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[88] New River bridge. Colonel Moor, also, with two regiments, was to move from Beverly to Droop mountain. General Averell reached Petersburg December 10th.

General Echols, at Lewisburg, suspecting a Federal advance from Charlestown, sent Capt. Philip J. Thurmond on a reconnoissance, and he dispersed some Federal pickets on Big Sewell mountain and forwarded the startling intelligence to Echols of the proximity of a large body of the enemy. Thurmond skirmished with their advance as far as Lewisburg, where Echols made a stand before the town until all public property was removed, when he moved across the river, driving back the enemy's advance with McLaughlin's artillery. Being advised then of Moor's approach from the north, he fell back into Monroe county, where he was joined by McCausland's force, Gen. Sam Jones also arriving and taking command on the 14th. Averell meanwhile, making feints to confuse Jackson and Imboden, made his way safely to Salem on the 16th, and destroyed the stores at that point, destroyed four bridges and injured the track to some extent, but was compelled to make a hasty retreat in the afternoon of the same day. He found his way beset with difficulty, as General Early had reached New Market to direct the movement for his capture, and Gen. Fitzhugh Lee with two brigades had been ordered into the field. Echols was placed near Sweet Springs, and Jackson, ordered in every direction in the confusion, finally brought up at Clifton Forge near Covington.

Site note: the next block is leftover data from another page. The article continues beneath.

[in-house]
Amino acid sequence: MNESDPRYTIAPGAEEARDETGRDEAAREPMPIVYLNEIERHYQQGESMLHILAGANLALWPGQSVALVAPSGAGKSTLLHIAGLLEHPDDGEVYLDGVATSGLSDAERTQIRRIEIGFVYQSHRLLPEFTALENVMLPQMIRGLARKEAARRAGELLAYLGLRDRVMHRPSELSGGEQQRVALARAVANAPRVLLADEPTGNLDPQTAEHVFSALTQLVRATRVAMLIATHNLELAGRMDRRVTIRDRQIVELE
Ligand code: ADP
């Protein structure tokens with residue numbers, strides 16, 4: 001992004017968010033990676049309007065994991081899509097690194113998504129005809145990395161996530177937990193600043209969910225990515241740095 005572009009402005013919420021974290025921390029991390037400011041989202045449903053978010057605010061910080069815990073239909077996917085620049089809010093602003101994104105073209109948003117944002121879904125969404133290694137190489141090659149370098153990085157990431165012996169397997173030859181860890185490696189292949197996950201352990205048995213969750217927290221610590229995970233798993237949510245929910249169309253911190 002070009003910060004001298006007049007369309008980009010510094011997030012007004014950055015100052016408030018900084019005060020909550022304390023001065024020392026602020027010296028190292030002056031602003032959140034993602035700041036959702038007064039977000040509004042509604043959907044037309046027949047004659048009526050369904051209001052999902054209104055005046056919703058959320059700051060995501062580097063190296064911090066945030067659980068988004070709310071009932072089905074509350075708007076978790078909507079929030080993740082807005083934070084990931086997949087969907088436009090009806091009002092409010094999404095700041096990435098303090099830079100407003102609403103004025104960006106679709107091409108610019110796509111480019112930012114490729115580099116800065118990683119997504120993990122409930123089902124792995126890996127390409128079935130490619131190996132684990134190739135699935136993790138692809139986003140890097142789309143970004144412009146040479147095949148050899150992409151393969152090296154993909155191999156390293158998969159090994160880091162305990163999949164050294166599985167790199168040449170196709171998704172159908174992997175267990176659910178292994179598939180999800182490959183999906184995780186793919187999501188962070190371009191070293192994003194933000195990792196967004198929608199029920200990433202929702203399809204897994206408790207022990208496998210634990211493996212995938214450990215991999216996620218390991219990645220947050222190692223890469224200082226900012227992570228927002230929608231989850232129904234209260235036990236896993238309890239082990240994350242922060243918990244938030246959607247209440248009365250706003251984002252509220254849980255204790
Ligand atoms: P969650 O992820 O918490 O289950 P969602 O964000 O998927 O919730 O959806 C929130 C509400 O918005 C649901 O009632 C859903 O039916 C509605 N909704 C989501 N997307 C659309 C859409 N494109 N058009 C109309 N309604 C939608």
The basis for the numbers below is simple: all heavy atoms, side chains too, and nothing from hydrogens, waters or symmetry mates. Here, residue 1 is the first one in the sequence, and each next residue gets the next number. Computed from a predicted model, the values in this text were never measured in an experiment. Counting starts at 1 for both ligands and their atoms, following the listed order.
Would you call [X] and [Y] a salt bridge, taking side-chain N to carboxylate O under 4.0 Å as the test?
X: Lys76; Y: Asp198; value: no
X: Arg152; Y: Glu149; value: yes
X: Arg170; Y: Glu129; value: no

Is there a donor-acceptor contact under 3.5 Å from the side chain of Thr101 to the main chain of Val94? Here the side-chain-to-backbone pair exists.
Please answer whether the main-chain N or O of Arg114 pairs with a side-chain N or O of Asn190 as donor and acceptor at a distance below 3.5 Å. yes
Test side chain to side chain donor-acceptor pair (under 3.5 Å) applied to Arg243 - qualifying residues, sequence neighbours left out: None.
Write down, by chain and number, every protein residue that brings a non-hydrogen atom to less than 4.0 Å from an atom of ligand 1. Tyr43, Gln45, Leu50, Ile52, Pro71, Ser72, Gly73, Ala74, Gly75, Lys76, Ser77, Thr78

Averell attempted to re-enter western Virginia by the Sweet Springs road, but meeting Echols, turned off on an obscure road to Covington, reaching there just as a detachment from Jackson was firing the Rich Patch bridge. He succeeded in getting part of his men across when Jackson cut his command in two, Colonel Arnett attacking, while Major Lady, with 50 men, three times during the night repulsed Averell's attempts to get the remainder of his cavalry across the bridge. At daylight

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